The Garbage Movie is Anything But…

I’m happy to report that I made it to the Hamilton-Wenham Library for a screening of Garbage! The Revolution Starts at Home . While it would have been easier to stay home after a busy day, it was one of those times where I knew I’d kick myself if I had skipped it. I was very glad I went…

The documentary focused on increasing awareness about the problem. Too much waste. Too much trash.  And, where the heck does it all go? And in whose neighborhood does it end up?  There were more than a few chuckles, and that was a good thing because there were more than a few shocking statistics and scenes, as well.

read on for more of my “review” such as it is…

The family that serves as the film’s creator Andrew Nisker’s “garbage guinea pigs” are very “average” (in a good way). Parents to three young children, the McDonalds admit that they hadn’t really thought much about where the trash even goes, but they realized, too, they probably should start thinking about it. And, think about it they do, throughout the 90-minute film documenting their 90 days of saving their trash…

The 90 days happened to include Halloween and Christmas and, not surprising to me, their trash seemed to double in the final third of the time, December! I was reminded of January 08 when the Time Well Spent concept first came to me. Christmas 07 had been disappointing to me, for the first time ever since having my kids. Too much stuff. Too superficial. Too commercial. Too much stuff (did I say that already?!). And the lingering question of what to do about it…

In addition to where the waste ends up, the documentary takes advantage of some jumping off points to discuss questionable sources of energy, as well. Particularly compelling, the mountain-top removal approach to coal that has already destroyed over 400 mountaintops in Virginia is documented. This enormous topic is tackled specifically in a documentary that I think was presented at this past springs Salem Film Fest, Coal Country. It was truly shocking to see the way the hilltops of Virginia are being destroyed and the physical impact of the coal dust and other waste.

Appreciating statistics myself, I was glad to see the dearth of facts GARBAGE included, daunting though they often were…  It wasn’t exactly uplifting but it was reality. 

The film didn’t go into the solutions but stuck to the awareness-building message.  When it comes to the life-changing curve of making new consumption habits, awareness is the place to begin… To walk away from the film without being more aware of our consumption, and the resulting waste stream to which we contribute, would be nearly impossible.

While some would say that the film doesn’t go far enough to promote real change, as a starting point, the film works. Because it is a starting point, it leaves the viewer wondering, “What next?”  Action. Change. Individually and collectively. Together, we can make the baby steps, and bigger steps, even leaps that will lead to the end of the throw-away society that we find ourselves in. And, it has to start in the home, driven by families as they become more conscious consumers, demanding change and an increased awareness by the manufacturers of the products they purchase and the retailers whose stores they choose to frequent. The creator of GARBAGE realized this and is working on GARBAGE 2, what to do about the problem, something to which he is inviting viewers of GARBAGE to contribute.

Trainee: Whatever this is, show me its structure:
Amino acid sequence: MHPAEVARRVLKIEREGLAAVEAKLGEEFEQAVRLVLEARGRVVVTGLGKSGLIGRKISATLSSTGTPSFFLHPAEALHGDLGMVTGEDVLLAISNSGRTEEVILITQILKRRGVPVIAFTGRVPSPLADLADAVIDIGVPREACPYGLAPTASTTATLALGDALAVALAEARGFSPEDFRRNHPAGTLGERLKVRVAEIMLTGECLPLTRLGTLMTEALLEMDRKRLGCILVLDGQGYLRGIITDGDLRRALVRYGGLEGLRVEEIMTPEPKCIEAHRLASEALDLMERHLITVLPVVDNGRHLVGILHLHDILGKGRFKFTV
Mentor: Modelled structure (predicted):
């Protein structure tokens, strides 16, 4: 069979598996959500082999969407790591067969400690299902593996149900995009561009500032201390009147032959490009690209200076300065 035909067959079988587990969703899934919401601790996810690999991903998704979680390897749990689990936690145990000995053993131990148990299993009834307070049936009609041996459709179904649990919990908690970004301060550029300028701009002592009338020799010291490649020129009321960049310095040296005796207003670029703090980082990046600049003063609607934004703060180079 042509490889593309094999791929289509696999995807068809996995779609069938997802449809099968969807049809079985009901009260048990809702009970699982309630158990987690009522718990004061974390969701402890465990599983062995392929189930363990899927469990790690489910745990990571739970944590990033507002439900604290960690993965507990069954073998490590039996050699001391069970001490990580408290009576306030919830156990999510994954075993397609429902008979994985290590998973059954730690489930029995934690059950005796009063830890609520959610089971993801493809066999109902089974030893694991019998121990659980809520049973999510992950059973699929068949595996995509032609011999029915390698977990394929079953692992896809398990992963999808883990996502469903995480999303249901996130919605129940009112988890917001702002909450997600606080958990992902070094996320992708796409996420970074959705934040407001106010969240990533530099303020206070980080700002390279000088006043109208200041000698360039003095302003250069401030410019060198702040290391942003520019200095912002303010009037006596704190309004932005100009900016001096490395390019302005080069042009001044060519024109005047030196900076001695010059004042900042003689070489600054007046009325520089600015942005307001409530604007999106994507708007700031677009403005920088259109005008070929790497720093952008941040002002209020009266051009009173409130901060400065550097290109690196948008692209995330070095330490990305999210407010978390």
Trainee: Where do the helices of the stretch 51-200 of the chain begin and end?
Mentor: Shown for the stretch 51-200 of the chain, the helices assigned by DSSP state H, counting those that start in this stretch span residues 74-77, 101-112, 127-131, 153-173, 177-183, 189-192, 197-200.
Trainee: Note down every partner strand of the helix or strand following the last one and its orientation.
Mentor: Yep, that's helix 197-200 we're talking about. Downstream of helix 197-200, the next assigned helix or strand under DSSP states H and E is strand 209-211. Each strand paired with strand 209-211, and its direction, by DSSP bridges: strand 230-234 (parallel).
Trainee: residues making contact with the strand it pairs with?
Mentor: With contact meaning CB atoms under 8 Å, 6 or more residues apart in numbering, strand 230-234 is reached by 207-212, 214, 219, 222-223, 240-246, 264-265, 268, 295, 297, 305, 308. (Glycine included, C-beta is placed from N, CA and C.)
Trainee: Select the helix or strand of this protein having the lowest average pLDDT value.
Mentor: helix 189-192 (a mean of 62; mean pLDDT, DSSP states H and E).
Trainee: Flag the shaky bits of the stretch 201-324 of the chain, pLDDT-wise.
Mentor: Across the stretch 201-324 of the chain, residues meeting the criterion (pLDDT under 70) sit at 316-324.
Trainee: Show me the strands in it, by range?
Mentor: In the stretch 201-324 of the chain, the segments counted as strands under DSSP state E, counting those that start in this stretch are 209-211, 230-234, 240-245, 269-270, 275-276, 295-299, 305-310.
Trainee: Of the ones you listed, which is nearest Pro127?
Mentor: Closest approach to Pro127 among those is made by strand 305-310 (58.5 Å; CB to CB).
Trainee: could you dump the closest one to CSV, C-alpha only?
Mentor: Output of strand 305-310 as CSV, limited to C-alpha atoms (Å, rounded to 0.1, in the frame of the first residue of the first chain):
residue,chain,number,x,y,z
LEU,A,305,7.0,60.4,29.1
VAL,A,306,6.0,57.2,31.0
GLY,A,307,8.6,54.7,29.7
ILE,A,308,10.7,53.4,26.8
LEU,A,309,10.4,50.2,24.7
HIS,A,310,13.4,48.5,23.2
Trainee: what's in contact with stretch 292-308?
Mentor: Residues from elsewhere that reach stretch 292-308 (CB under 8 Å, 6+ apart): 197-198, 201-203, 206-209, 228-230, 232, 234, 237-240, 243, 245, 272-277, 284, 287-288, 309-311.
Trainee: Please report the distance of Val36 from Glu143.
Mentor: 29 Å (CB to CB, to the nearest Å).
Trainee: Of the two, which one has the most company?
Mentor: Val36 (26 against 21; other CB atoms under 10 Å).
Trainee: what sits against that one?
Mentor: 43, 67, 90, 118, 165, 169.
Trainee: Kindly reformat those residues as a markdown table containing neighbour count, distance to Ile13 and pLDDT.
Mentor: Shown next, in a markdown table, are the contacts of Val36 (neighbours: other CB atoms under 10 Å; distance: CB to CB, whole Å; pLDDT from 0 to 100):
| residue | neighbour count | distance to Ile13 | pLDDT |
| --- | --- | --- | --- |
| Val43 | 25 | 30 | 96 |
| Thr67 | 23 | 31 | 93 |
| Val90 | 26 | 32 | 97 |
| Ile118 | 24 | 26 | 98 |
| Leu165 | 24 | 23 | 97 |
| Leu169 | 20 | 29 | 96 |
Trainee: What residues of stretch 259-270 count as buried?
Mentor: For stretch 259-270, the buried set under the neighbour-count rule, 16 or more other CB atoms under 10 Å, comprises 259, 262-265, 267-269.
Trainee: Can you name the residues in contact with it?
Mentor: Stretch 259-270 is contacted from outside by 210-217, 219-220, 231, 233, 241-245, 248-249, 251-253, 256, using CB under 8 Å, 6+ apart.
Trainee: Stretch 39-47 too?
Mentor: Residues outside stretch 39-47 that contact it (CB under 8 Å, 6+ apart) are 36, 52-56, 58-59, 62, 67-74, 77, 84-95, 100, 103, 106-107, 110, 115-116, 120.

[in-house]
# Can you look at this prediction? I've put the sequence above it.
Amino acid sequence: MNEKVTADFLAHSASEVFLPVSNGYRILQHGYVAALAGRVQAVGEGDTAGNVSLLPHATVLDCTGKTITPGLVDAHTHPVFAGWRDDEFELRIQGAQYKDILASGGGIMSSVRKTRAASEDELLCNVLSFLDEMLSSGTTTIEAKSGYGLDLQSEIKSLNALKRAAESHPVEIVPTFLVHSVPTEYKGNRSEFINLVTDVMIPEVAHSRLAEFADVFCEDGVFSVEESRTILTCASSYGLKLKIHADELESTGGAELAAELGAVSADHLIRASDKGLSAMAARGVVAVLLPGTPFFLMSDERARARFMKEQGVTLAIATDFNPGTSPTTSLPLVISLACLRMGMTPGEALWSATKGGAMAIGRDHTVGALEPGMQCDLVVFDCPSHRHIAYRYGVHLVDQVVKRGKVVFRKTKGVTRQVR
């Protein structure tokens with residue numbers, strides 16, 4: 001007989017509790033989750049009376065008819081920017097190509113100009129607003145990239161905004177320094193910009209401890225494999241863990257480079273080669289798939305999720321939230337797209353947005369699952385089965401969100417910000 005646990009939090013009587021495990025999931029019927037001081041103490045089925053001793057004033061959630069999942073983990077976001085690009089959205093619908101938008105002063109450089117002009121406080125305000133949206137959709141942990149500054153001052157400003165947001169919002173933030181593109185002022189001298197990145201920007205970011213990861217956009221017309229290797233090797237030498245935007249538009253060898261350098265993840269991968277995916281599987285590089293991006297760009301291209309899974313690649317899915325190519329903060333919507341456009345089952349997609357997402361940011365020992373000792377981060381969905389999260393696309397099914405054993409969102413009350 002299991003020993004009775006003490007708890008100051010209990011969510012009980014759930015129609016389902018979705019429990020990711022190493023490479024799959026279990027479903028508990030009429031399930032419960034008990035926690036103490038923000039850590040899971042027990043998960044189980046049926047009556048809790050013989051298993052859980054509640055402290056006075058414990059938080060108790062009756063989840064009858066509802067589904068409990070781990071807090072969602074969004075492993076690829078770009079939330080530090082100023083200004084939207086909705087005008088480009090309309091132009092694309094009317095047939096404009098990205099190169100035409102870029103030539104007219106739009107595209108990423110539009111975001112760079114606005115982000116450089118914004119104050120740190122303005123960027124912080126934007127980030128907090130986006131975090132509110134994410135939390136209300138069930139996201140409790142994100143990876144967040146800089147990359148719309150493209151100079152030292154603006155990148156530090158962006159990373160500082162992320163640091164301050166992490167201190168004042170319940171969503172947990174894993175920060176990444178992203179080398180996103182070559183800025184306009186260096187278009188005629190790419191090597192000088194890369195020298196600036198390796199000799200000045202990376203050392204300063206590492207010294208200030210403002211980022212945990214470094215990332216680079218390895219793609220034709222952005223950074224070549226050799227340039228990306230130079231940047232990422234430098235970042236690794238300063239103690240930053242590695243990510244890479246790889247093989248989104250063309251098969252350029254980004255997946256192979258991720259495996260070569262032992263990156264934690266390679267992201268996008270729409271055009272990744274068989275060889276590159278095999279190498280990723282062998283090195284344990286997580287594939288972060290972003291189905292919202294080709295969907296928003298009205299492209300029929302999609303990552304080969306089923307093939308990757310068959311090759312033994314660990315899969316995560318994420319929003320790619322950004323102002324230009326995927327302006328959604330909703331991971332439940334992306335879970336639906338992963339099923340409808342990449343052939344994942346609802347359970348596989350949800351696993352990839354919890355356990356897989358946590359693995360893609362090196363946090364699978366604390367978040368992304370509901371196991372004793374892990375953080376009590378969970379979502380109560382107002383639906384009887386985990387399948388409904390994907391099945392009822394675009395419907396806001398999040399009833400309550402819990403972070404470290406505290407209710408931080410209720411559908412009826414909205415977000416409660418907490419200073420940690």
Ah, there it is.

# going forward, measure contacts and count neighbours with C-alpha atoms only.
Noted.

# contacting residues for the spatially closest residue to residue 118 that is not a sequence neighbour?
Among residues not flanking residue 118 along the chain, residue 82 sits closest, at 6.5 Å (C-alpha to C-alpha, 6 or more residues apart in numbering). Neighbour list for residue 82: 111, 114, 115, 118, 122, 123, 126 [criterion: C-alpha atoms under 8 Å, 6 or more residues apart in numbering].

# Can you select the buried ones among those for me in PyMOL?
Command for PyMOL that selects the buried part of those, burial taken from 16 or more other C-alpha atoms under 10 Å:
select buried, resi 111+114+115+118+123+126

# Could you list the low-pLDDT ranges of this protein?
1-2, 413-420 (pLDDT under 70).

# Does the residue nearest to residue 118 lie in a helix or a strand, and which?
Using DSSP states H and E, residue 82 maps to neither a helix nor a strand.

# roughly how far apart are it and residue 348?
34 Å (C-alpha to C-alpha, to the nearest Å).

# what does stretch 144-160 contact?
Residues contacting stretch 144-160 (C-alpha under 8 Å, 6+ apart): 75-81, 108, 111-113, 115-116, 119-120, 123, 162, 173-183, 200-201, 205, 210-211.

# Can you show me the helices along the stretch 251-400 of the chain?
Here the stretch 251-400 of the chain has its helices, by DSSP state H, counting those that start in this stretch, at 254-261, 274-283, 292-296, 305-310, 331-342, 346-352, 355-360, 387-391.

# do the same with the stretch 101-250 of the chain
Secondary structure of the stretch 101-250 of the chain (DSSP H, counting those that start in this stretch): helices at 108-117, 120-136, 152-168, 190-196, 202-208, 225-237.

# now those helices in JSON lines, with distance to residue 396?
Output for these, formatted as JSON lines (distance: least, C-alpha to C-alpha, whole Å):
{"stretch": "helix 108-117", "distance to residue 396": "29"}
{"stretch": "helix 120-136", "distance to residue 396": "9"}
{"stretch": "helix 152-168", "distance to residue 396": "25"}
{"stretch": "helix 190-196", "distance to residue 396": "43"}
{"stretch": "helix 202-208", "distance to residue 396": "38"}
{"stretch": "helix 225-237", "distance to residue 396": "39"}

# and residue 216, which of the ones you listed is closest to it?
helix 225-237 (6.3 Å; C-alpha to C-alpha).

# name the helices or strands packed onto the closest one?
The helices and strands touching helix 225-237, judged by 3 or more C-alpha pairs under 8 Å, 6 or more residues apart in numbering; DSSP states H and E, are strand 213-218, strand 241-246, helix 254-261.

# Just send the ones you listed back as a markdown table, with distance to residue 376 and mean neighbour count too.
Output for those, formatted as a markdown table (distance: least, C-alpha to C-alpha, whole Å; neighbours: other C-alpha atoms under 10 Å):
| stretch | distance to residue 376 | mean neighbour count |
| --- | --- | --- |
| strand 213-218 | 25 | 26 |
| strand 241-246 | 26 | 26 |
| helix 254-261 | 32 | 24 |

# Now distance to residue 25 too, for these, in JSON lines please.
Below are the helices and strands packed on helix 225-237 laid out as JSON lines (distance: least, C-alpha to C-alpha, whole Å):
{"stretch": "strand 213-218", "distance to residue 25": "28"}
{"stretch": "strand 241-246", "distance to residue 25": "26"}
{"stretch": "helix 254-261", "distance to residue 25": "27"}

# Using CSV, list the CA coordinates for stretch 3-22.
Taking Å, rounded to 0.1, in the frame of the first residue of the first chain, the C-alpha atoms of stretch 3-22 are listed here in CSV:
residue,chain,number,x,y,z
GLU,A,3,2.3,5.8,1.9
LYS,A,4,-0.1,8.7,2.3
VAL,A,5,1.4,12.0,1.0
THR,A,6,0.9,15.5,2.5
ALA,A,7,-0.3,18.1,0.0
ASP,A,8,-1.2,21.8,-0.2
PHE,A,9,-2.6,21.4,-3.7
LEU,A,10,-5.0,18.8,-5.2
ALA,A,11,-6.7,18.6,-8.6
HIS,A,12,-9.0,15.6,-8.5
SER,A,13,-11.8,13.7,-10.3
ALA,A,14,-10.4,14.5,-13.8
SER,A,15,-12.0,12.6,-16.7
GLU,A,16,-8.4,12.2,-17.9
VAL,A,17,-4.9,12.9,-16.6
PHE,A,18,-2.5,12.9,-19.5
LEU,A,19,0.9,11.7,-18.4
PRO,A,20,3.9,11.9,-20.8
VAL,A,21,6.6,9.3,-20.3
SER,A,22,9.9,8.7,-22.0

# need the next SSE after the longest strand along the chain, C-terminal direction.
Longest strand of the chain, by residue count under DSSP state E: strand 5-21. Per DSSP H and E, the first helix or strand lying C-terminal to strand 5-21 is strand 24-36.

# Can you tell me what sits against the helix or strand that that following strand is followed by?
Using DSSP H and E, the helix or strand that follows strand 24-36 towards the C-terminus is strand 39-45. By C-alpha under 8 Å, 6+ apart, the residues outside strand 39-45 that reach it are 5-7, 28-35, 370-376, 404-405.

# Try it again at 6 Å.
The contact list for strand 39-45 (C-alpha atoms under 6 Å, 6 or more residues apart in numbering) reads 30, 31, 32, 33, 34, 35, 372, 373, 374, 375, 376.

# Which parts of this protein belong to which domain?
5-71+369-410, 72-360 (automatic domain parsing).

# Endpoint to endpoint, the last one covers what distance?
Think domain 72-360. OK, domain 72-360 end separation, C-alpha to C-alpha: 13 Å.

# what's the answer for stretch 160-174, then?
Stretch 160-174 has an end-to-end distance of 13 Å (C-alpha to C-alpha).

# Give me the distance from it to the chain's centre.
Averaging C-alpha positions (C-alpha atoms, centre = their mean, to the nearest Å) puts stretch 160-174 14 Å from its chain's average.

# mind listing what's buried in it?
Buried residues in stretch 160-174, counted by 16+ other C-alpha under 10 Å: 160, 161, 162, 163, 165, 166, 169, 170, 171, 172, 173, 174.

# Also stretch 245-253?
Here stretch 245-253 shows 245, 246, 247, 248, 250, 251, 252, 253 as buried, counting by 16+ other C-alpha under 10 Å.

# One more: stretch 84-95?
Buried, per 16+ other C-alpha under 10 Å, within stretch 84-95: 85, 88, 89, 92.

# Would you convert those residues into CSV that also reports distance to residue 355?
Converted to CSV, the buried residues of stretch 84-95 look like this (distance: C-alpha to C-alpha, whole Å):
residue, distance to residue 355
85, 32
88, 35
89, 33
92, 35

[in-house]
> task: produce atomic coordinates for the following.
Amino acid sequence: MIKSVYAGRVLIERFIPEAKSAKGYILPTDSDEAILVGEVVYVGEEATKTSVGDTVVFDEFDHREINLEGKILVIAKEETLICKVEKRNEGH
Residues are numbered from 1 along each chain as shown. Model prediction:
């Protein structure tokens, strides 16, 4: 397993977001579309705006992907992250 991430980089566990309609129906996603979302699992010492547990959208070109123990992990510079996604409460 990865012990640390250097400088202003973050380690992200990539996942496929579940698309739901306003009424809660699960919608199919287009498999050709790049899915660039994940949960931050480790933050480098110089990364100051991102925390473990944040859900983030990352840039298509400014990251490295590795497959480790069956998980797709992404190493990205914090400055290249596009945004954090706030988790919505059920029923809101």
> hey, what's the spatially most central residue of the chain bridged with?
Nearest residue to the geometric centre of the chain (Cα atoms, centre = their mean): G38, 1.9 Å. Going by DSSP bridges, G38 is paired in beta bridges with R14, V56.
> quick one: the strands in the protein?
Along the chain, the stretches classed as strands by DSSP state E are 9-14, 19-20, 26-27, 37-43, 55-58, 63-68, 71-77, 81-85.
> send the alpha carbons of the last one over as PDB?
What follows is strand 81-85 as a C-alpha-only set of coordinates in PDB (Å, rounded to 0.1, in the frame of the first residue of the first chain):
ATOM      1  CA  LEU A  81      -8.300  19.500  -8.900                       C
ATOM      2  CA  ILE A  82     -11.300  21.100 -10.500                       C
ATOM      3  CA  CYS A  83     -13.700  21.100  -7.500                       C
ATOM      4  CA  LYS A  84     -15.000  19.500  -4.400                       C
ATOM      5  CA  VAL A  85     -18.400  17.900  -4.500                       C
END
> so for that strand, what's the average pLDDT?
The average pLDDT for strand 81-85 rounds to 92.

You can join their website for free and gain access to the first 20 minutes of the film. Perhaps you’ll even be inspired to contribute ideas to GARBAGE 2.

Another option is to watch The Story of Stuff on YouTube.

I believe that the trick is not to feel so overwhelmed that you freeze with inaction. Little changes are better than no changes.  And, little changes become habit, increase awareness, and very often lead to bigger changes. I’m the first to admit that I’m a born-again environmentalist! Rather than spending time dwelling on the years when I didn’t recycle let alone consider reducing my consumer choices or making choices that minimized wasteful packaging, I’m looking forward to a more aware future where my actions reflect my newfound knowledge. And, it works, so long as you take a positive, even playful, attitude toward this heavy topic. Too intense and the blinders go up, the heads back in the sand… Alternatively, the joy is taken out of life if we assume a gloom and doom outlook.

By my way of thinking, the more we are aware of our beautiful surroundings and the impact of our own actions on them, the more we will celebrate, honor and respect our earth, for our own sake and that of our children and grandchildren… But, that’s a post for another day… For now, get out and enjoy the great outdoors for a time today and you will be more mindful of your choices when you go back into the house, car or office to get on with your busy life.

Carpe Diem ~ Nancy

p.s. I’d be remiss if I didn’t again acknowledge the good work being done by the folks at HWGreen. Check out my previous post for links to this great group of people working to effect positive change in their own community – that’s where the hard work really happens. They are a great example and should be commended for all of their hard work! Kudos!




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